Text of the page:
Amazon stock jumps 4.8 per cent ahead of its annual Prime Day shopping event on October 13 and 14
Wall Street ended sharply higher on Monday, fuelled by expectations of a coronavirus relief package and by a rally in Amazon, Apple and other technology stocks ahead of quarterly earnings season, and Prime Day.
Amazon rallied 4.8 per cent ahead of its annual Prime Day shopping event on October 13 and 14.
The company does not reveal revenue for the annual event, but it will certainly lead to a big pay day for CEO Jeff Bezos. Some analysts are expecting close to $10 billion in sales over the two days.
Prime Day, which features deals on many products on Amazon.com, began in 2015 as a celebration of Amazon’s 20th year in business.
It turned into a summer sales holiday designed to generate additional business for Amazon before the holiday shopping season.
This year, Amazon postponed the sales event from its usual July time slot because of the coronavirus pandemic.
Last year Amazon said it sold more than 175 million items during the 2019 Prime Day – more than its sales for the past Black Friday and Cyber Monday combined.
Sales were estimated by Digital Commerce 360 at $7.2 billion.
A ‘record number’ of Prime members in the U.S., who pay an annual fee of $119 to get perks like free shipping and access to Prime Day, shopped the event in 2019, Amazon said.
Amazon said it sold over 100,000 laptops, 200,000 televisions, 300,000 headphones, 350,000 luxury beauty products and more than 1 million toys on Prime Day 2019.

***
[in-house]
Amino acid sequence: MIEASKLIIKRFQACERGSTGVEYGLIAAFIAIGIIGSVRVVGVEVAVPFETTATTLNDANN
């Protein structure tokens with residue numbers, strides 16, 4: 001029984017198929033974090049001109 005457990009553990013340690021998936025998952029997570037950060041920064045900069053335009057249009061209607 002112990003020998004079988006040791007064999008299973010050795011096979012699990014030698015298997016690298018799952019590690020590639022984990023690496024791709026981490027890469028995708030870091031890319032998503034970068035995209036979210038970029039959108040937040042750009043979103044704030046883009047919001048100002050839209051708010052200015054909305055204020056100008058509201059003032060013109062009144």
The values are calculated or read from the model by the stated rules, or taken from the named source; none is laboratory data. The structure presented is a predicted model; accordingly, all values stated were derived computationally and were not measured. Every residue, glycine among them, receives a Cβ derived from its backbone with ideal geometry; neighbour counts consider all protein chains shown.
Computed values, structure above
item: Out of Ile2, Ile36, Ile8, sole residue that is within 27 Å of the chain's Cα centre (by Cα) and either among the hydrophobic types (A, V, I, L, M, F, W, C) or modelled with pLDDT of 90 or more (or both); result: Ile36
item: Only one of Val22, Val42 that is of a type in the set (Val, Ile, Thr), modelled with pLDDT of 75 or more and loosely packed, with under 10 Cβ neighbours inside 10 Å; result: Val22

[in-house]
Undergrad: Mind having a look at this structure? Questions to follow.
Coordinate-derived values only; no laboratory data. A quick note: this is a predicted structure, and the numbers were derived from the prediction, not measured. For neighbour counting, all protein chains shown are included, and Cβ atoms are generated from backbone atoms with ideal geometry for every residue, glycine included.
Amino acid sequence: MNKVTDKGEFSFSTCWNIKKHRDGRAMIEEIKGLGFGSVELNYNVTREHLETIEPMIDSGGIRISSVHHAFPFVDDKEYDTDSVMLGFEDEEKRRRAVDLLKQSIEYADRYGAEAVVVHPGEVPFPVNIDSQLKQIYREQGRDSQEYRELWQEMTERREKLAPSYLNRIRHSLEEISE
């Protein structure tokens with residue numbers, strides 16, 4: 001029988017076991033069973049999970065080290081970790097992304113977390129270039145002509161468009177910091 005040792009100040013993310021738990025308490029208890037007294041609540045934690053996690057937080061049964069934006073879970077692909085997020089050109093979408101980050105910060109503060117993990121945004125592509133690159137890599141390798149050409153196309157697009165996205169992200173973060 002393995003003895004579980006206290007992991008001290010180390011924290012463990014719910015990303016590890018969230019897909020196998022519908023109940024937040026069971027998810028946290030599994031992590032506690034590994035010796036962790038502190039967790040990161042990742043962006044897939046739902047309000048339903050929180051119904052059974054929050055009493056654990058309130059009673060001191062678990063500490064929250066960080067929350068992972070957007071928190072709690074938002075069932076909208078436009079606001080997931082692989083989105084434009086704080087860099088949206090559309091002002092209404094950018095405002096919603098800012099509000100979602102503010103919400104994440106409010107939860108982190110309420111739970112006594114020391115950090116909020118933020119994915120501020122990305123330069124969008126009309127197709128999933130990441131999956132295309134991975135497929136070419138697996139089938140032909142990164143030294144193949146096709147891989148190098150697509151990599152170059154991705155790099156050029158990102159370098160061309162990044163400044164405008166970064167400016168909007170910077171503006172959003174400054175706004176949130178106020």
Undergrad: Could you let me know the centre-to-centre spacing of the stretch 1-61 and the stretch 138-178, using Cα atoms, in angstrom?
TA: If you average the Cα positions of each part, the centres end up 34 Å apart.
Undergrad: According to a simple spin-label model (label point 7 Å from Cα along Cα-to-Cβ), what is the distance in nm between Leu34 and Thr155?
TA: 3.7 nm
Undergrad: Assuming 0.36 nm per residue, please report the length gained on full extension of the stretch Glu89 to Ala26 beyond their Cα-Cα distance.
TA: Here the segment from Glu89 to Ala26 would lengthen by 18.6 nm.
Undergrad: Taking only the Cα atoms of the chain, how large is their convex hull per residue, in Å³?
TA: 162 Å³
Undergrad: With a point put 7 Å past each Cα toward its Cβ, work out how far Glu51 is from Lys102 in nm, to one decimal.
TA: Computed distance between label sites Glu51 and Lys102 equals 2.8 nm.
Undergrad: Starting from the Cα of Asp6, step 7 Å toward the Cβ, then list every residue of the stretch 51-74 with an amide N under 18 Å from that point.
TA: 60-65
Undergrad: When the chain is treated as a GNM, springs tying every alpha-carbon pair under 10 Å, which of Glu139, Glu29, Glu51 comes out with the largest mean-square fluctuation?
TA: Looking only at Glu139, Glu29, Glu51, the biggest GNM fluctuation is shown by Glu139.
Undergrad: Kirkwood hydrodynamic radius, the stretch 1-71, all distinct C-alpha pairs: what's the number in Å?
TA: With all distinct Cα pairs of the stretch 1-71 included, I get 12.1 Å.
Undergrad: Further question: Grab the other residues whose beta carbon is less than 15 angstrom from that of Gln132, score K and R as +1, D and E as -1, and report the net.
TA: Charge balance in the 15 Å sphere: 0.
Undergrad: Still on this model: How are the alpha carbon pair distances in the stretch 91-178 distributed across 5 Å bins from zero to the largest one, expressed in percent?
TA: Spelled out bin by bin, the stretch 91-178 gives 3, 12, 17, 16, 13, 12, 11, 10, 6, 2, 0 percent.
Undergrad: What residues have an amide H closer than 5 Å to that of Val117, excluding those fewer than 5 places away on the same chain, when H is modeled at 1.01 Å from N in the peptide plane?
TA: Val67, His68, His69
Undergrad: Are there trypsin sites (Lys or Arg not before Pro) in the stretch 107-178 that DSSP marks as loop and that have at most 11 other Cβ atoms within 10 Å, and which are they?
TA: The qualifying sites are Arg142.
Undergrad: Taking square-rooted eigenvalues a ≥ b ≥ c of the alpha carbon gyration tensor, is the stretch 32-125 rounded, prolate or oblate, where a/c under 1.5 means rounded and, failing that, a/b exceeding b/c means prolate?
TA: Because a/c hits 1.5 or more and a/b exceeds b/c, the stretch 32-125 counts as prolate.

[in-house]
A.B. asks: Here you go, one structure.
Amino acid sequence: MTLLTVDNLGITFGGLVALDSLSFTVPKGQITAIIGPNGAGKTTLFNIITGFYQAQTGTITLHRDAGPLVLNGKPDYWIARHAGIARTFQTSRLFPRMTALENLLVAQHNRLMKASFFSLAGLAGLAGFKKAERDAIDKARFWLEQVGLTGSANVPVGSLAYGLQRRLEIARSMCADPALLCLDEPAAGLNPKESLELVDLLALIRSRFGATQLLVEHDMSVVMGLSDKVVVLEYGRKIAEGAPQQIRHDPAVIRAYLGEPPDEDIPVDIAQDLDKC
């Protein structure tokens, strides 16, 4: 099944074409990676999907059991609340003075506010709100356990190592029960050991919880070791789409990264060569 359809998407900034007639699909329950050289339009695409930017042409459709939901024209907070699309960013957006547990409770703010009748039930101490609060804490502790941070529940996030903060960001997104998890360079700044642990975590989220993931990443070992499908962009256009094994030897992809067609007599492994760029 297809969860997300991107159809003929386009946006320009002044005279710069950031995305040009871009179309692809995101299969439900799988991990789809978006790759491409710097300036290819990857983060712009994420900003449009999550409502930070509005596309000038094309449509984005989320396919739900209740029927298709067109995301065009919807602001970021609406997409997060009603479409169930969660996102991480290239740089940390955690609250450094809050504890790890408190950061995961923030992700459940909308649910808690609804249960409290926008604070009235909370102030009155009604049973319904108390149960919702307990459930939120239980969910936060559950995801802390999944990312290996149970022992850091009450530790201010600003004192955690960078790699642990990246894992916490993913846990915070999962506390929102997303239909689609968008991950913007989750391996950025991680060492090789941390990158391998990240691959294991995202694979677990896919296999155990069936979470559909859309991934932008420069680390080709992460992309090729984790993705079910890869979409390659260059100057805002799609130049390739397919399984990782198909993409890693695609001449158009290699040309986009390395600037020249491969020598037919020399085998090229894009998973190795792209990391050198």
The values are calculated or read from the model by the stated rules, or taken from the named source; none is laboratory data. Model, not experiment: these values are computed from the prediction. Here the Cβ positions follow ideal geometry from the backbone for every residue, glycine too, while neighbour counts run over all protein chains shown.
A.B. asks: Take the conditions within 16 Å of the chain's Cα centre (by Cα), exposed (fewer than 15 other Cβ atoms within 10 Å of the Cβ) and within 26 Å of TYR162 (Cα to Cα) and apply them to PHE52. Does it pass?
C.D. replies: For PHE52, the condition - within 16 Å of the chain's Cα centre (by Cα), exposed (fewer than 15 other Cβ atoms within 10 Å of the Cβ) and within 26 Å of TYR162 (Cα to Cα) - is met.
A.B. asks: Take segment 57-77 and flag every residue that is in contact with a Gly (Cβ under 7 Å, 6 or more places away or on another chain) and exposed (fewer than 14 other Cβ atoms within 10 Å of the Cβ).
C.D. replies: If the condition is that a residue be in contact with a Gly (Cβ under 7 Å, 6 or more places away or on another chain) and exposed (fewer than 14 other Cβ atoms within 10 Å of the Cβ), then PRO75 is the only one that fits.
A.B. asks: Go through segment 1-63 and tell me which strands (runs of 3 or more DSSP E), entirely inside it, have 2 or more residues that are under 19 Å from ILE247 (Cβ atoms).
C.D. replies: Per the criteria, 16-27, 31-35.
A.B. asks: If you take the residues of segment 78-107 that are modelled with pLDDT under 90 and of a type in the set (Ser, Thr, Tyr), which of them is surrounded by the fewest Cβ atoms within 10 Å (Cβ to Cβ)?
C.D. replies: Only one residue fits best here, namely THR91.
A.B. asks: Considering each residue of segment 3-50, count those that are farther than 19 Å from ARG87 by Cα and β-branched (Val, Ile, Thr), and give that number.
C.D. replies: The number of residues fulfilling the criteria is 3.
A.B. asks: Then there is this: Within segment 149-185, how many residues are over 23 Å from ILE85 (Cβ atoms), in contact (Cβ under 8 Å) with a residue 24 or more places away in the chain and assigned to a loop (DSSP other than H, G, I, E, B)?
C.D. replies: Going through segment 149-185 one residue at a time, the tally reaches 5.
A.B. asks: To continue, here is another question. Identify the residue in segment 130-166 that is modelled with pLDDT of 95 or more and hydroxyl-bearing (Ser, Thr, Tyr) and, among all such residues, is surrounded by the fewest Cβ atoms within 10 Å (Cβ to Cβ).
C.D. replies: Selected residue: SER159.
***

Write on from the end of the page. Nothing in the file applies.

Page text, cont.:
Amazon was not the only stock soaring on Monday.
Apple Inc jumped 6.4 per cent, adding $128 billion to its stock market value, ahead of an event on Tuesday, when it is expected to unveil its newest iPhones.
Microsoft jumped 2.6 per cent, helping lift the S&P 500 information technology index 2.7 per cent.
The S&P 500 was about 1 per cent below its record closing high from September 2, nearly recovering from most of a 9 per cent pullback last month.
The market leaders are once again the tech names, supported by the fact that the economy continues to expand, said Phil Blancato, chief executive of Ladenburg Thalmann Asset Management in New York.
Optimistic sentiment dominated after the Trump administration on Sunday called on Congress to pass a stripped-down coronavirus relief bill as negotiations on a broader package ran into resistance.
It looks like the administration wants a deal done before the election, said Brian Battle, director of trading at Performance Trust Capital Partners in Chicago.